Believe it or not, I've given you just a fragment of this incredibly important article. The list goes on and on and on. Lambert at Corrente coined the term "linky goodness" to describe a post heavy on HTML citations -- but in this case, the phrase "linky badness" might serve better.
People know fine. The implications are unpleasant. People pretend not to know.
I don't think you can put backdoors into encryption standards, only into implementations thereof, and no-one seems to have been caught doing so as of yet. Just to tone down the paranoia a bit.
But to tone it back up again, they missed a big one: http://tech.slashdot.org/story/13/06/29/138230/mit-researchers-can-see-through-walls-using-wi-fi http://www.hardware.slashdot.org/story/13/06/04/1924214/wi-fi-signals-allow-gesture-recognition-all-through-the-home
They can see through your walls. Although they've been able to do that for a long time, contrary to what the commenters over there say. And they've been able to see anything displayed on a CRT or LCD in your home for decades.
Do you have a wi-fi router in your house?
"Destruction through the advancement of technology."
Either people know, and don't care, or people know, and are impotent to do much.
posted by Anonymous : 2:45 PM
Dig Grung: If a blogger does NOT show his cites, critics call him lazy, or even a confabulator. If a blogger DOES list all of his sources, critics call call him insufficiently scholarly. Apparently, a mere blogger doing research into so large a topic as government overrreach is not supposed to publish a single word unless he can get first-hand sourcing on camera from named sources.
Of course, I've read books from university presses whose footnoting looks a lot like what you see here (or would do so, if you arranged the HTML in footnote fashion).
Fuck you, Grung. How much do trolls get paid these days?
All of this is quite scary, but I wonder what are elements are missing for a totalitarian state to be successful? By successful I mean exist for some time. Total control of media, security, economy...etc. What is missing, what other shoes need to drop for us to beyond the threshold?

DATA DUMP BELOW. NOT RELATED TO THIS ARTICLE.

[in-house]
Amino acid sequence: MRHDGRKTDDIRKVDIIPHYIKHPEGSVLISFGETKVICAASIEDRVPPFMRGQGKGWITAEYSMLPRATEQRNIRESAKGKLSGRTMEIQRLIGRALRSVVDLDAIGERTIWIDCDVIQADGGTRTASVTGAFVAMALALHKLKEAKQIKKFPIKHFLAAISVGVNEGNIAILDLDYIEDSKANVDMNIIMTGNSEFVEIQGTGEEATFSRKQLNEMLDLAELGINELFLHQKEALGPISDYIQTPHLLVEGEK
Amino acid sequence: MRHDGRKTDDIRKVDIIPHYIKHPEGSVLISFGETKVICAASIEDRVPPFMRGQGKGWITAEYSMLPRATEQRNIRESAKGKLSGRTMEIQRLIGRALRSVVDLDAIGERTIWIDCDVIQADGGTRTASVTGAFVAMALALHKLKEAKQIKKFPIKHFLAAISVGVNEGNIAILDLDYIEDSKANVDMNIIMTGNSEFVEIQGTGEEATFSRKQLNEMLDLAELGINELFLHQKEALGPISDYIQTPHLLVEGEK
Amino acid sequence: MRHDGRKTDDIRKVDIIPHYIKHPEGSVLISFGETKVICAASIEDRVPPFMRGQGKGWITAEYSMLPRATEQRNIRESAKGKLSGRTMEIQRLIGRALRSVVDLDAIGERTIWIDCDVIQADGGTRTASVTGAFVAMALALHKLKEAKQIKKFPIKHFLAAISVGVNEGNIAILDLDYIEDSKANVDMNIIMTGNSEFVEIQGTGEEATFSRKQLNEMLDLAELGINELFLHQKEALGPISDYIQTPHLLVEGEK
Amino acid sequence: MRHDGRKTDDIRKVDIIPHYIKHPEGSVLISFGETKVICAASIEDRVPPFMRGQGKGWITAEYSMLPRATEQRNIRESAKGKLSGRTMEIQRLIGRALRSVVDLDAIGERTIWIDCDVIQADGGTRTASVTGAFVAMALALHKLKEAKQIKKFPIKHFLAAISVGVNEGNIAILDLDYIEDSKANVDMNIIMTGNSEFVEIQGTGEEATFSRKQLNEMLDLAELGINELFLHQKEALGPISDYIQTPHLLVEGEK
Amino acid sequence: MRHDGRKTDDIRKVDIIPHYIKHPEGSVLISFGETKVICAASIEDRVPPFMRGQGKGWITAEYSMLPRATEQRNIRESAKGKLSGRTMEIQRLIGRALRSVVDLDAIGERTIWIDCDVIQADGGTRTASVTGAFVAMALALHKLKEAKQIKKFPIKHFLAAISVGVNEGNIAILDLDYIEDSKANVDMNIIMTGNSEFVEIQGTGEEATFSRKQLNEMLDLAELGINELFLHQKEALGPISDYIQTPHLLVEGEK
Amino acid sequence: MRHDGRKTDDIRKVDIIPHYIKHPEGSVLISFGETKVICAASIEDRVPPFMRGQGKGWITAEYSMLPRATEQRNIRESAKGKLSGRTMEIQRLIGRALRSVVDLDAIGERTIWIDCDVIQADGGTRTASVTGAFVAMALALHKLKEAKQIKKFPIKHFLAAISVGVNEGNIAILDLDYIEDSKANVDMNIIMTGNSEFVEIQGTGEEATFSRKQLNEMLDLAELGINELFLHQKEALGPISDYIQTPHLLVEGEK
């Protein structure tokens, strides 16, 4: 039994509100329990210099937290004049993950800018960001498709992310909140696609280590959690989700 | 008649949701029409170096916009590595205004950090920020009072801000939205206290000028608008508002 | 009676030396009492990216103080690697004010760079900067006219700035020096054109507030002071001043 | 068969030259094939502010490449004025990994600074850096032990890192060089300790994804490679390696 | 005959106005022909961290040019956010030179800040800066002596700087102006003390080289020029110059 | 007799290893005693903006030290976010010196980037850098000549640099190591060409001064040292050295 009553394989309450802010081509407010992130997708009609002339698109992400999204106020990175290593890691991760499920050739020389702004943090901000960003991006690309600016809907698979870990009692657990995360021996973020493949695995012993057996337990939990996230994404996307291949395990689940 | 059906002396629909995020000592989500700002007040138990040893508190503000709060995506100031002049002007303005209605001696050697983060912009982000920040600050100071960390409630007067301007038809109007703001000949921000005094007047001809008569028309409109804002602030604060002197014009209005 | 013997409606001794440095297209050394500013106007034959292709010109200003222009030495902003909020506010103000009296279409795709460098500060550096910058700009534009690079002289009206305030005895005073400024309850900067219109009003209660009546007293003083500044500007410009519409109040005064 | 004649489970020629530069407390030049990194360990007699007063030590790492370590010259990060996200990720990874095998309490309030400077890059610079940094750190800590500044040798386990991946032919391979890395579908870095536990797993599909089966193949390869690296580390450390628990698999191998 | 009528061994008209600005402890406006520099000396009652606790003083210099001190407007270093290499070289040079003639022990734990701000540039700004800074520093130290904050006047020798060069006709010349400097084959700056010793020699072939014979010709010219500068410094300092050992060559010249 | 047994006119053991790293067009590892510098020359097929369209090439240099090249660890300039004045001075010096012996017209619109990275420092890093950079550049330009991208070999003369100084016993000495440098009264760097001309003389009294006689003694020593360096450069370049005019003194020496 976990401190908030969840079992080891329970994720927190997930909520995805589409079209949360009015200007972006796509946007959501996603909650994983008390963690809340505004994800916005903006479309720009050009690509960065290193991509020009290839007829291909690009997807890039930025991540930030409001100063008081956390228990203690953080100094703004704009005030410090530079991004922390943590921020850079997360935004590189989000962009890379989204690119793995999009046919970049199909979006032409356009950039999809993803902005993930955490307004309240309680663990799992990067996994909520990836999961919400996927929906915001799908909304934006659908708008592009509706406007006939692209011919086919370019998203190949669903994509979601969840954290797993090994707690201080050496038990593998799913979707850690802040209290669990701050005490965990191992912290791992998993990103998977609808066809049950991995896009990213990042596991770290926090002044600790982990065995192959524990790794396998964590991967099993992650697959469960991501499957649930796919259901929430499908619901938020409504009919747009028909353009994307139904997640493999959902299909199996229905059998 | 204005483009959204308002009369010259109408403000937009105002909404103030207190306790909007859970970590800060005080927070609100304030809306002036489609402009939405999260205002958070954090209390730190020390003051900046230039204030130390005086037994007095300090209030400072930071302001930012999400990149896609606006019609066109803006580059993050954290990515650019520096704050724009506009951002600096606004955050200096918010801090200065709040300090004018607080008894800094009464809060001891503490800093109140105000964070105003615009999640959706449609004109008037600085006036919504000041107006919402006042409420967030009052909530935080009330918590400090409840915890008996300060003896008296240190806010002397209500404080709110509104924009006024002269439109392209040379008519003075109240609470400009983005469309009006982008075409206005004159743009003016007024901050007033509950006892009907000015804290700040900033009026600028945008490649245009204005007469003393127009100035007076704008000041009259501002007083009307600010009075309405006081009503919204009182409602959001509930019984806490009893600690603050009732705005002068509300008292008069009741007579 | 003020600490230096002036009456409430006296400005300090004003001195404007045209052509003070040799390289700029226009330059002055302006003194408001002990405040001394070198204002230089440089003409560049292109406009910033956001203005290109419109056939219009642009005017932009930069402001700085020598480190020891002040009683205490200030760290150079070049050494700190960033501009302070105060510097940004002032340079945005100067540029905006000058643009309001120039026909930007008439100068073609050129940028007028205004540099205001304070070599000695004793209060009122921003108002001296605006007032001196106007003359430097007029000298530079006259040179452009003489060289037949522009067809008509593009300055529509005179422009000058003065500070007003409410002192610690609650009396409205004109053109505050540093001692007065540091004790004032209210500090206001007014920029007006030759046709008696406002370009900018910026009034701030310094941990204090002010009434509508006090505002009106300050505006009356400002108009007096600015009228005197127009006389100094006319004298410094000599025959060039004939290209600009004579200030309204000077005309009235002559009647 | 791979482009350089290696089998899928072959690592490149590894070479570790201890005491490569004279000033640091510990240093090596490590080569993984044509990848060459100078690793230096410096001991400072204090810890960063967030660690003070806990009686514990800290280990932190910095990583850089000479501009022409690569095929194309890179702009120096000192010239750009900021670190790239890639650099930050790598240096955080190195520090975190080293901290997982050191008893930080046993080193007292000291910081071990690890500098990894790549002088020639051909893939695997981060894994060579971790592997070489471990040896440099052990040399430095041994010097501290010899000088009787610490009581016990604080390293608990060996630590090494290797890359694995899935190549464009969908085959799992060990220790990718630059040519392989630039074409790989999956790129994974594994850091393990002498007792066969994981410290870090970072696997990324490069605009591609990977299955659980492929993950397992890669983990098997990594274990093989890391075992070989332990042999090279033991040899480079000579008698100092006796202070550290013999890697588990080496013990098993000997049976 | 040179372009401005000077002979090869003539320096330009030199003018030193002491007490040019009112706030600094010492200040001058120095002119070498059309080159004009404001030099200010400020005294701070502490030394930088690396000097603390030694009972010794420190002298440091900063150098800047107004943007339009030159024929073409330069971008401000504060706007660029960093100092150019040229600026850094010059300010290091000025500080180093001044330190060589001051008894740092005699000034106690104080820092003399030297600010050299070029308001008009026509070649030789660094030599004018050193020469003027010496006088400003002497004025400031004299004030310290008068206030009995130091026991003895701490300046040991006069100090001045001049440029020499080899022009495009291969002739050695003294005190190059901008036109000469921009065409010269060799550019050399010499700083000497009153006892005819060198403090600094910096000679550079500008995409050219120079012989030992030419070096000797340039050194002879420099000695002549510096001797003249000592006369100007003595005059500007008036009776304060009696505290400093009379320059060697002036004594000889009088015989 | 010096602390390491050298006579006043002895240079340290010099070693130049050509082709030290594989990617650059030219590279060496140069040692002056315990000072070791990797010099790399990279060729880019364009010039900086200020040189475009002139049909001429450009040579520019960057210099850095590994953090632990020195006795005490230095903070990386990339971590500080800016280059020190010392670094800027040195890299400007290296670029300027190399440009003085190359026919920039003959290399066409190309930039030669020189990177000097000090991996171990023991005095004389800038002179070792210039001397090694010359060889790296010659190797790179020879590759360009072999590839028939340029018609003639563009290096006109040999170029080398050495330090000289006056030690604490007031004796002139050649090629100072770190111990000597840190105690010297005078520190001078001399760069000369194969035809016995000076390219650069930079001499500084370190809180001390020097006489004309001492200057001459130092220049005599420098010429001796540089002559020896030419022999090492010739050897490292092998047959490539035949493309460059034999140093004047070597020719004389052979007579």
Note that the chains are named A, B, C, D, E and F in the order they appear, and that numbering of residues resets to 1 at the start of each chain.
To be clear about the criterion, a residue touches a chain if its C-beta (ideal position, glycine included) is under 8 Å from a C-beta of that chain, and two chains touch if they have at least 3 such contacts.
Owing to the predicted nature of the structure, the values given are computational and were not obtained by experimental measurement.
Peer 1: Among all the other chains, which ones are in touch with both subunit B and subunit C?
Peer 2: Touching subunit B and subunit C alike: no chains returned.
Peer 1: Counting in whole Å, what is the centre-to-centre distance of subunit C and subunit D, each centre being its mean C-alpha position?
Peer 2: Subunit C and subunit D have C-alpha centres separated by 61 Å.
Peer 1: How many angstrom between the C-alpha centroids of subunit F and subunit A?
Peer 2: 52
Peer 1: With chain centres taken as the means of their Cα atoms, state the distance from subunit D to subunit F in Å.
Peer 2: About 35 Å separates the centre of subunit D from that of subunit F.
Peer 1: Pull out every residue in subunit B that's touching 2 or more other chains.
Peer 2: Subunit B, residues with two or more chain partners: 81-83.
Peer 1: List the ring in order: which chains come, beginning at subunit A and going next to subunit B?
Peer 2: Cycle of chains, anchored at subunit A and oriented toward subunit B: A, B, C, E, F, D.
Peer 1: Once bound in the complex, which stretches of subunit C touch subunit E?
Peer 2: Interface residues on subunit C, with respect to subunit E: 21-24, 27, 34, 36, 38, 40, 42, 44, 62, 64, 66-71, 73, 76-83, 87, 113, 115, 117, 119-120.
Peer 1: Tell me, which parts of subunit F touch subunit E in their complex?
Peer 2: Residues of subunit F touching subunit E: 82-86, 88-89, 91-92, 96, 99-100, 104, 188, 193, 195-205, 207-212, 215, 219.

On a family visit to Montreal, my cousin asked me why the U.S. seems to be "broken", meaning the healthcare, education, and other major institutions that she has not a worry about where she lives. I said, " It's not broken, it works exactly how it is set up to work and it's only getting better. It's just not set up for regular folks like me to be safe and content down there, like you are up here."
I'm just want to look for so I know when to call it George and learn to sing 'O, Canada' in french.
posted by Anonymous : 4:10 PM
"Oh Yeah, where's your proof? What's your source?" I don't have any. "I didn't think so fraud!"
"Oh Yeah, where's your proof? What's your source?" Right there in the article. "You're trying to make your article appear authoritative by drowning me with info!"
posted by DanInAlabama : 9:48 PM
Alex Jones has been out in front of this stuff for years.
I'm not defending him; not saying he's not ridiculously deluded about all manner of subjects; not saying that He isn't exhibiting symptoms of mild schizophrenia/sociopathy and not so mild God complex.
I'm saying he has been out in front of this stuff for years.
posted by Paul Rise : 9:52 PM
I've watched/read AJ for years, and I've never seen him, or his staff, do such an in-depth and comprehensive report on anything related to data collection as presented in the article posted above. And never in a manner that would give one an over arching view of the facts without the paranoia he tends to spout and cultivate. The problem with AJ, Info wars, Prison Planet, in my opinion, is that AJ is so over the top that a majority of people tend to tune him out.